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Charles Frederick Lindauer I (1836-1921)

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Charles Frederick Lindauer
Lindauer-Charles Kershaw-Anna tombstone
Sex: Male
Birth: April 1836 (180 years ago)
Pennsylvania possibly Philadelphia
Death: March 3, 1921 (age 84), 3:00 pm
95 years ago
Rye, New York
Burial: Greenwood Union Cemetery, Rye, New York
Father: Oscar Arthur Moritz Lindauer (1815-1866)
Mother: Sophia Weber (1815-1891) as stepmother
Siblings: John Jacob Lindauer (1841-1888)
Louis Julius Lindauer (1842-1915)
Eloise Lindauer I (1852-1944)
Spouse/Partner: Anna Augusta Kershaw (1841-1931)
Marriage: 1857 at age 21 (147 years ago)
New York or New Jersey
Children: Eloise Lindauer II (1861-1935) ^
William Lindauer (1866-c1870)
Arthur Oscar Lindauer (1867-1944)
Ada Lindauer (1868-c1895)
Anna Lillian Lindauer (1873-1956)
Harry Chauncey Lindauer I (1877-1923)
LeBaron Hart Lindauer (1879-1945)
Note(s): ^ Freudenberg line
300px-Square compasses.svg
Lindauer-Charles Kershaw-Anna tombstone

Charles Frederick Lindauer I (1835-1921) tombstone

47 MacDougal St

He lived at 47 MacDougal Street in Manhattan in 1878

Lindauer tobacco 1889

Brooklyn Eagle, June 02, 1889: "News from Jersey City. August Mueller, who was the collector in this city for Lindauer & Co., tobacconist, was sent to jail this morning for contempt of court. His employers were dissatisfied with his returns and had a receiver appointed to examine his accounts. Mueller refused to surrender his books and his arrest followed."

Lindauer-CharlesFrederick 1921 deathcertificate

Charles Frederick Lindauer I (1835-1921) death certificate

Lindauer-Charles 1921 sexton

Sexton card

Lindauer-CharlesFrederick 1921 obituary

Charles Frederick Lindauer I (1836-1921) was a "small fry" in organized crime. He ran the numbers game, an illegal lottery in Greenwich Village in Manhattan. He was also a tobacconist and operated a liquor store in Manhattan, under Lindauer and Company. In 1881 he ran the Theatre Comique, Jersey City, New Jersey and converted it from legitimate theater to burlesque, in what was called a "leg show" where he served alcohol without having a liquor license. He was named during the Lexow Commission hearings in 1894 and retired in the same year to Rye, New York. He was a Free and Accepted Mason. (b. April 1836, Philadelphia, Philadelphia County, Pennsylvania, USA - d. March 03, 1921, 3:00 pm, 209 Locust Avenue, Rye, Westchester County, New York, USA)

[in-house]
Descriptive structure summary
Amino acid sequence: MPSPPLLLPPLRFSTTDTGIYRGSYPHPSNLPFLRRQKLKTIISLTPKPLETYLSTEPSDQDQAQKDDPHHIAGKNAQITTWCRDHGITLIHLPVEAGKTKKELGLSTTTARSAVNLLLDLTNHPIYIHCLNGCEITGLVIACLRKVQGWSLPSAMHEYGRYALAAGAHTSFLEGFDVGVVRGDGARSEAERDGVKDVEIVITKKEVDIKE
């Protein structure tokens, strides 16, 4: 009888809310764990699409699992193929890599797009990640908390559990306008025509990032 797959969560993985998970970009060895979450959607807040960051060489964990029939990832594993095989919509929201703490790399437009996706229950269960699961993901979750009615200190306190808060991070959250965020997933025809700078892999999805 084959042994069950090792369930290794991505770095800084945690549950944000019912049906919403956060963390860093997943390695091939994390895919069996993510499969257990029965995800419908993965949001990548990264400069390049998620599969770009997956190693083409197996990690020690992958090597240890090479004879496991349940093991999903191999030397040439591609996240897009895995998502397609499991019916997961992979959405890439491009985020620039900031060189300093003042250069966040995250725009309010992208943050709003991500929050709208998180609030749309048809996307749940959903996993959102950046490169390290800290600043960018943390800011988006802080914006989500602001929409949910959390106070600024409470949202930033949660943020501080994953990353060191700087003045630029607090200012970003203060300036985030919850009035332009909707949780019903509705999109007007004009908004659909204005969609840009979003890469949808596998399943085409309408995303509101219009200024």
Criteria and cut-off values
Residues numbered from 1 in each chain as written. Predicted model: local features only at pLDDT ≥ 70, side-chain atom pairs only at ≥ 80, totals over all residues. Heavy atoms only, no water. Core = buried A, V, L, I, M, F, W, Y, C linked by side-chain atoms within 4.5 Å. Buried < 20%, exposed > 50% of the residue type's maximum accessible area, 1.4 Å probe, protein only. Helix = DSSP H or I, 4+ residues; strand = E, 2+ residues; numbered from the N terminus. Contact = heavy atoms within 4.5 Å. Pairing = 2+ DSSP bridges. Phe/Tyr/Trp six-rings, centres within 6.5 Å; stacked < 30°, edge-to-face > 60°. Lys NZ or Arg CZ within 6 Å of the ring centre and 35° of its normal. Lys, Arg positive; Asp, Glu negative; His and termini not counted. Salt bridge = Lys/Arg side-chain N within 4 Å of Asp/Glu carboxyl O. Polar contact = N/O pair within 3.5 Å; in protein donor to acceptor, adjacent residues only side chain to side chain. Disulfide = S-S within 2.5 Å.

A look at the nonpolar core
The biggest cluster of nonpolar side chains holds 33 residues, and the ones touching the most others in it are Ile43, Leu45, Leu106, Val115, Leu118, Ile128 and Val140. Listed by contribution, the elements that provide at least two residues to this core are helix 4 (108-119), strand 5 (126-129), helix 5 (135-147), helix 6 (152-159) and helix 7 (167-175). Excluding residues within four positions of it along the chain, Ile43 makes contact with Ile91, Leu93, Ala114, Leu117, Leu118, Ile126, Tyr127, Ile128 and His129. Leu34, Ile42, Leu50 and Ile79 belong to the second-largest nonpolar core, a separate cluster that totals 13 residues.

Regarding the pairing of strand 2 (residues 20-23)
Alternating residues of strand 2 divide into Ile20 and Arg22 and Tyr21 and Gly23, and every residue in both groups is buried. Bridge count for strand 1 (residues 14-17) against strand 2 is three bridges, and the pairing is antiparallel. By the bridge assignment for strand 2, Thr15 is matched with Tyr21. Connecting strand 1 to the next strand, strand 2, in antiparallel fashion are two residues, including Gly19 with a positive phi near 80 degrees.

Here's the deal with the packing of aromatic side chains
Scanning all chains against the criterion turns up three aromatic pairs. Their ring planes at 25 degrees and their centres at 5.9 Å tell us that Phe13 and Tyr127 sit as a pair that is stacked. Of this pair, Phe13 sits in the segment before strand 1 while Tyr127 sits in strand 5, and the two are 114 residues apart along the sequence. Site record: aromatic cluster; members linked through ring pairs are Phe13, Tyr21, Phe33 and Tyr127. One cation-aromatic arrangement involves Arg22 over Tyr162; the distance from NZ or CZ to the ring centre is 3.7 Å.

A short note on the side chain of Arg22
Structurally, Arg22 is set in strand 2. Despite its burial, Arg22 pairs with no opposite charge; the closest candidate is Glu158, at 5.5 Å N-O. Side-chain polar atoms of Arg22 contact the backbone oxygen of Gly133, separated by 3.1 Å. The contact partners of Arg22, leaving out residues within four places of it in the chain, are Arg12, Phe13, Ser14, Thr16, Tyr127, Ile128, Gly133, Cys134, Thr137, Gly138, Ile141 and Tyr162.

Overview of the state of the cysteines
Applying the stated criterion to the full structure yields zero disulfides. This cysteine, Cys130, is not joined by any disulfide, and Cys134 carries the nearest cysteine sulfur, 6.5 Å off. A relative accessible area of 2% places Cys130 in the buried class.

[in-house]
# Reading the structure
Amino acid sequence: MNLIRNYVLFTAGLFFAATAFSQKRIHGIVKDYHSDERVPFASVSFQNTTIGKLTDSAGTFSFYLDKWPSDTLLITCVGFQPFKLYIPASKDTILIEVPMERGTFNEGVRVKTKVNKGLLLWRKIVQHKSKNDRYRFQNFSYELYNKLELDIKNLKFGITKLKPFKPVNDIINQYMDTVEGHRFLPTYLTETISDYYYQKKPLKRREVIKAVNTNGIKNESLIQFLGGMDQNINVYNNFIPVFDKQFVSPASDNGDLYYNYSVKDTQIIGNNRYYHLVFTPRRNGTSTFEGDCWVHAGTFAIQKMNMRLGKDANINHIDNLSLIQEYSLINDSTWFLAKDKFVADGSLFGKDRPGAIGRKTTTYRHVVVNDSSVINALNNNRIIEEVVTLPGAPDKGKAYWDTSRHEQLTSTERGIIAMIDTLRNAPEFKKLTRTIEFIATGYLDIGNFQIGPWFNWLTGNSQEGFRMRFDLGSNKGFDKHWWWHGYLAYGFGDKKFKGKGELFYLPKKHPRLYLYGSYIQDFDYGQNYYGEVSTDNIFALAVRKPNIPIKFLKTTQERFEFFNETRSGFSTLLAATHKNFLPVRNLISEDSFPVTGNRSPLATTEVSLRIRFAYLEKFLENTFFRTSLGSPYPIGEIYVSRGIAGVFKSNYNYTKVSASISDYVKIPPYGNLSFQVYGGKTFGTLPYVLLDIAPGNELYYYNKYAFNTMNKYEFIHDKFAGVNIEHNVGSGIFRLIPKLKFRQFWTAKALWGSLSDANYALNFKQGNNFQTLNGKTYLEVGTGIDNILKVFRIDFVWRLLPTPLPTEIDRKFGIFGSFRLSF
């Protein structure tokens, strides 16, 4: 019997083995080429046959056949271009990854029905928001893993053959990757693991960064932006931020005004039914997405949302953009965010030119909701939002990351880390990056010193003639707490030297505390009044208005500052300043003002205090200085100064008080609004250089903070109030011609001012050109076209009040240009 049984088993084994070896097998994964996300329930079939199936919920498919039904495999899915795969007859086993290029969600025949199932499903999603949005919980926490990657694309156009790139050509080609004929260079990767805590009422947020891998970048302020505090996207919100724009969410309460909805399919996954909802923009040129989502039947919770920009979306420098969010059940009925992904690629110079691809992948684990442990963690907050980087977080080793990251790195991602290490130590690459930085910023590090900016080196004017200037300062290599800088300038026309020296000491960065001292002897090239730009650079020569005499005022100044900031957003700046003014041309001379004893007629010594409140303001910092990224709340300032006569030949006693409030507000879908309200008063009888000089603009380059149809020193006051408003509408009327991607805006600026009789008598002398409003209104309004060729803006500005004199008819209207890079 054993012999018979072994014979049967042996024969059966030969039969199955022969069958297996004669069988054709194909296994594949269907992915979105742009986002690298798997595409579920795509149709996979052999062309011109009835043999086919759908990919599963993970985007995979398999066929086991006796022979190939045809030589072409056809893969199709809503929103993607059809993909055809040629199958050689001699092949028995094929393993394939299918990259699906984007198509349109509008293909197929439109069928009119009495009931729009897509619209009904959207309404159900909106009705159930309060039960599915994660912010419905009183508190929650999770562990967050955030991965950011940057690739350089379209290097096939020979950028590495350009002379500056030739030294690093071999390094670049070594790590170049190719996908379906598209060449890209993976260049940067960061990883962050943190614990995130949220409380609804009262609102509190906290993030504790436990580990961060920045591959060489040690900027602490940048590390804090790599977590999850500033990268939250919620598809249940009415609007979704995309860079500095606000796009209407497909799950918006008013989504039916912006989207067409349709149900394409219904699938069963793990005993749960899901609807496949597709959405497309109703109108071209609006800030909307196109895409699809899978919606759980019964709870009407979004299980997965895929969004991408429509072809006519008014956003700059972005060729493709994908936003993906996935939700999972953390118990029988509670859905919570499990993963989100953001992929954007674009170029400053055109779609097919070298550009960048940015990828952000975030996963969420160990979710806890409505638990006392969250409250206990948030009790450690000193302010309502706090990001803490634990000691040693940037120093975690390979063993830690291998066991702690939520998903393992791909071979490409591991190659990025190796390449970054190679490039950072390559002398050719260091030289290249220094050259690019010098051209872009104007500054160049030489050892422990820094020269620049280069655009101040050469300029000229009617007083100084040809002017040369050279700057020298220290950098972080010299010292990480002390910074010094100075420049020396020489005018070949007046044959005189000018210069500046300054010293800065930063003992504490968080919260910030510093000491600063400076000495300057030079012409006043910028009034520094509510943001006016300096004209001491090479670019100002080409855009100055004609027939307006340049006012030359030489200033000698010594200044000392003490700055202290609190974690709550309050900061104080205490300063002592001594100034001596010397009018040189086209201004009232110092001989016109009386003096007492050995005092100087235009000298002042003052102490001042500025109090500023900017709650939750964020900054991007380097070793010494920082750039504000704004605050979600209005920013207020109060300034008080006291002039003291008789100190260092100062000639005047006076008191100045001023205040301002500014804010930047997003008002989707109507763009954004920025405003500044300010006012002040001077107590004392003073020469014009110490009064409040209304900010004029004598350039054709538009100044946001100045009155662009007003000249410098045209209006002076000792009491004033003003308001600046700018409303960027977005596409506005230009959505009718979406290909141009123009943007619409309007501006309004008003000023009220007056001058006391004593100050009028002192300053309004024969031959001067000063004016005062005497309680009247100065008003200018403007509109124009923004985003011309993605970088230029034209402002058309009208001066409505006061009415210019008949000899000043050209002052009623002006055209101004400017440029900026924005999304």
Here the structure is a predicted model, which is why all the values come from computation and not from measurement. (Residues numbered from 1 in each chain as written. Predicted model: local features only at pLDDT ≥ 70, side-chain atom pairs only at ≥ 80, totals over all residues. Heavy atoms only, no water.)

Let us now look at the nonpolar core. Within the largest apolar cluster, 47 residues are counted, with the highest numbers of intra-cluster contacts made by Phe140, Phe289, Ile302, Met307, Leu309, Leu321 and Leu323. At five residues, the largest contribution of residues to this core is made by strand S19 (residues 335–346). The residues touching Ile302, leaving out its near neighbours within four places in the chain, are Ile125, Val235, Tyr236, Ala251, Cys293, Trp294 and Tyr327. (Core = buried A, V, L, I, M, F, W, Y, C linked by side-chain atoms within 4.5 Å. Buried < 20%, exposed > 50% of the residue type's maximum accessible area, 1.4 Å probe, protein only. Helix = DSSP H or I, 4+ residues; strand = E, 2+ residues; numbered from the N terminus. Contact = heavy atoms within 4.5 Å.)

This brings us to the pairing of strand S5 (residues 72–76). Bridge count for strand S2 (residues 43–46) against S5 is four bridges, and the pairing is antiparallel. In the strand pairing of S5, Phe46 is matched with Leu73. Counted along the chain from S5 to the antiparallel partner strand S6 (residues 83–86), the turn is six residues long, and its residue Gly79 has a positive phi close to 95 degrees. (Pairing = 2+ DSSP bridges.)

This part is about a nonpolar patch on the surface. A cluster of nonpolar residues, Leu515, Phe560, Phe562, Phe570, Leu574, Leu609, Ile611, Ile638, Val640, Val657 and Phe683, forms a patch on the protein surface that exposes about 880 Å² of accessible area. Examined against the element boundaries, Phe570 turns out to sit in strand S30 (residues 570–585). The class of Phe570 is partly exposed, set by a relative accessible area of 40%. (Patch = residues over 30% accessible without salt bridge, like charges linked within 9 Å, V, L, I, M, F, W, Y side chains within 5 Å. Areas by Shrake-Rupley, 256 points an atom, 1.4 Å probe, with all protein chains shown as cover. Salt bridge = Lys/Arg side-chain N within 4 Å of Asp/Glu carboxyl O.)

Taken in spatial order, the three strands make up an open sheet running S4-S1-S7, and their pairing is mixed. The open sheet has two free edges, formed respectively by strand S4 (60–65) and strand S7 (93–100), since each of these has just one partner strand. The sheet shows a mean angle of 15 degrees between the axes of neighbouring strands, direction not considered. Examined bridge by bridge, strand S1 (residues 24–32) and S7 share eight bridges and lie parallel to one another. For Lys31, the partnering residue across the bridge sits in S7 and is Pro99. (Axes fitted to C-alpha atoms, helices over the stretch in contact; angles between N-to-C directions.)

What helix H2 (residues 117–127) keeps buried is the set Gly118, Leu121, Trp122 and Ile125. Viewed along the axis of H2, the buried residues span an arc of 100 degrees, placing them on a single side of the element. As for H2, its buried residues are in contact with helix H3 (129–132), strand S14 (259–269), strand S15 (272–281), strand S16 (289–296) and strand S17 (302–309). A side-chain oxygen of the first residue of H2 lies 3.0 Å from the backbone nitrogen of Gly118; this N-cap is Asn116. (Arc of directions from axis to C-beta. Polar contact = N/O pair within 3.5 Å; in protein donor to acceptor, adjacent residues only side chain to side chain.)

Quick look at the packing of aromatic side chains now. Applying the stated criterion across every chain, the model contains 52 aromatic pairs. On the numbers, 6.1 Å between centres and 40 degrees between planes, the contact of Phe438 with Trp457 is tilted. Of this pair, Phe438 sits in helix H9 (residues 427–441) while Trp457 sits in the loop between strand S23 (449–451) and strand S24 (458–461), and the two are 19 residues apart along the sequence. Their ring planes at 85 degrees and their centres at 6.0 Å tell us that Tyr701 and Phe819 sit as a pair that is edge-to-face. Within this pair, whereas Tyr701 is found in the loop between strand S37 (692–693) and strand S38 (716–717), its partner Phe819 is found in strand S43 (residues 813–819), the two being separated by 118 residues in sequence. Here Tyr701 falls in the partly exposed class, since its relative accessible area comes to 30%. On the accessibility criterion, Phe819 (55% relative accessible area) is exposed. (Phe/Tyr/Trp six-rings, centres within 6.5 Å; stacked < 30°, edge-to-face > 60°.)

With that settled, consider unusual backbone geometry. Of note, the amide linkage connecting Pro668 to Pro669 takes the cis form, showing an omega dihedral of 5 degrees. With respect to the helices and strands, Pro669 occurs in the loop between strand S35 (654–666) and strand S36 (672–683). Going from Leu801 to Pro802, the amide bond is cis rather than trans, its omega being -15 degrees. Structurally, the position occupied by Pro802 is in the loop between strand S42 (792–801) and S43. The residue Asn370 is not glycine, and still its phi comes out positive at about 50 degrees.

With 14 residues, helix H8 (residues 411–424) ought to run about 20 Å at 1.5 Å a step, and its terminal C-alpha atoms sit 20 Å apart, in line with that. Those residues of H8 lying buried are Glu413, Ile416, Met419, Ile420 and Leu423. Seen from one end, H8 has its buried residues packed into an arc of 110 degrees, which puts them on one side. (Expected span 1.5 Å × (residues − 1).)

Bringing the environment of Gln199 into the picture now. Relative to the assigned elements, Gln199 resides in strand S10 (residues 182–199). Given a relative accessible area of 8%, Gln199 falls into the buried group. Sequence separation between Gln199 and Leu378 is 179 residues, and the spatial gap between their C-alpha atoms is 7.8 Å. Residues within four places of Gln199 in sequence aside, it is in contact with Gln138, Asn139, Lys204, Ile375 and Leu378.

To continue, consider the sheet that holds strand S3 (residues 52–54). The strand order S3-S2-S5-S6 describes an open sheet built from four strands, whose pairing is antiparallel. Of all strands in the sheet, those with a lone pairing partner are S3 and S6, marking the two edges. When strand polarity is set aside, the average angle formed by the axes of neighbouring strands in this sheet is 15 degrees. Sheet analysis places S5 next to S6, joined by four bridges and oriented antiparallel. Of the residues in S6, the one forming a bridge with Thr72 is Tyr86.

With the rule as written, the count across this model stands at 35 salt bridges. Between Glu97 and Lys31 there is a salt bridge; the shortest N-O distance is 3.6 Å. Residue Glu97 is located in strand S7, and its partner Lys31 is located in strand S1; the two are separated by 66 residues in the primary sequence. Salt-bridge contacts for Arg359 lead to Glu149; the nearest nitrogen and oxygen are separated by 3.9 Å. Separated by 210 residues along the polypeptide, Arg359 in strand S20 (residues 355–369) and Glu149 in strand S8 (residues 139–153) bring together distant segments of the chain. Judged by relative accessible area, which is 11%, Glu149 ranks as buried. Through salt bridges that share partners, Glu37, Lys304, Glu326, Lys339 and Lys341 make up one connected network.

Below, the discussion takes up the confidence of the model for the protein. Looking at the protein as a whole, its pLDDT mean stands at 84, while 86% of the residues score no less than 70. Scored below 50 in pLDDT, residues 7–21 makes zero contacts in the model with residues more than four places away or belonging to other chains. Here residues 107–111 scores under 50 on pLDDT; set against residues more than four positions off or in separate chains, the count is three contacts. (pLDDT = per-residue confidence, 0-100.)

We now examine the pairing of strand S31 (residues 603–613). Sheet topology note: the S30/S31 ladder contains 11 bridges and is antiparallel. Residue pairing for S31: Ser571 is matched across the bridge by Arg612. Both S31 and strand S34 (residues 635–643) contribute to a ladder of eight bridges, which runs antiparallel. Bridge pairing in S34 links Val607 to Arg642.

Name variationsEdit

  • Charles Frederick Lindauer
  • Charles F. Lindauer
  • Chas. F. Lindauer
  • C. F. Lindauer
  • Charlie Lindauer in the 1894 Lexow Committee report

ConfusionEdit

He may be the same person as Charles Lindauer (1840-?) who was also married to Caroline Ritter (1846-1876). He may have had a second home with a second wife. The children of Charles Lindauer (1840-?) were raised by the sibling of Charles Frederick Lindauer I (1836-1921).

ParentsEdit

BirthEdit

Charles was born in 1838 according to the 1855 New York Census. The 1870 United States Census has him born in 1840 in Pennsylvania. He was born in April of 1836 in Pennsylvania according to the 1900 United States Census. The Pennsylvania Department of Health did not begin to issue birth and death certificates until January 1, 1906. Prior to that time there are some county records and most births were recorded as baptisms by churches.

Full siblingsEdit

Death of mother and father remarriesEdit

His mother died somewhere between 1842 when her last child was born and 1852 when Oscar Arthur Moritz Lindauer (1815-1866) married Sophia Weber (1815-1891).

Half siblingEdit

MarriageEdit

In February of 1857 Charles married Anna Augusta Kershaw (1841-1931), most likely in New York City.

Children with Anna KershawEdit

Other children in his householdEdit

Richard Arthur Norton (1958- ) writes: Charles had other children in his household and he may have been the father of the children with other women. They include:

Free and Accepted MasonEdit

Tom Savini of the Livingston Masonic Library writes: "Brother [Charles] Lindauer received his first Masonic degree in 1861 at the age of 24. His occupation was 'clerk', his birthplace reads 'America', and his residence as 'New York'. The date of his first degree was March 23, 1861; he received his 2nd degree on April 03, 1861; and he completed his membership in the lodge with his 3rd degree on January 27, 1864. It seems possible that Brother Lindauer took part in the Civil War, as it is not usual to have a three-year gap between the 2nd and 3rd degrees."

Manhattan, New YorkEdit

In 1866 Charles was listed in the New York City Directory working at 193, 188 and 280 Canal Street at an "exchange" and living in New Jersey. In 1866 he was listed as working at 193 Canal Street at an "exchange".

1870 censusEdit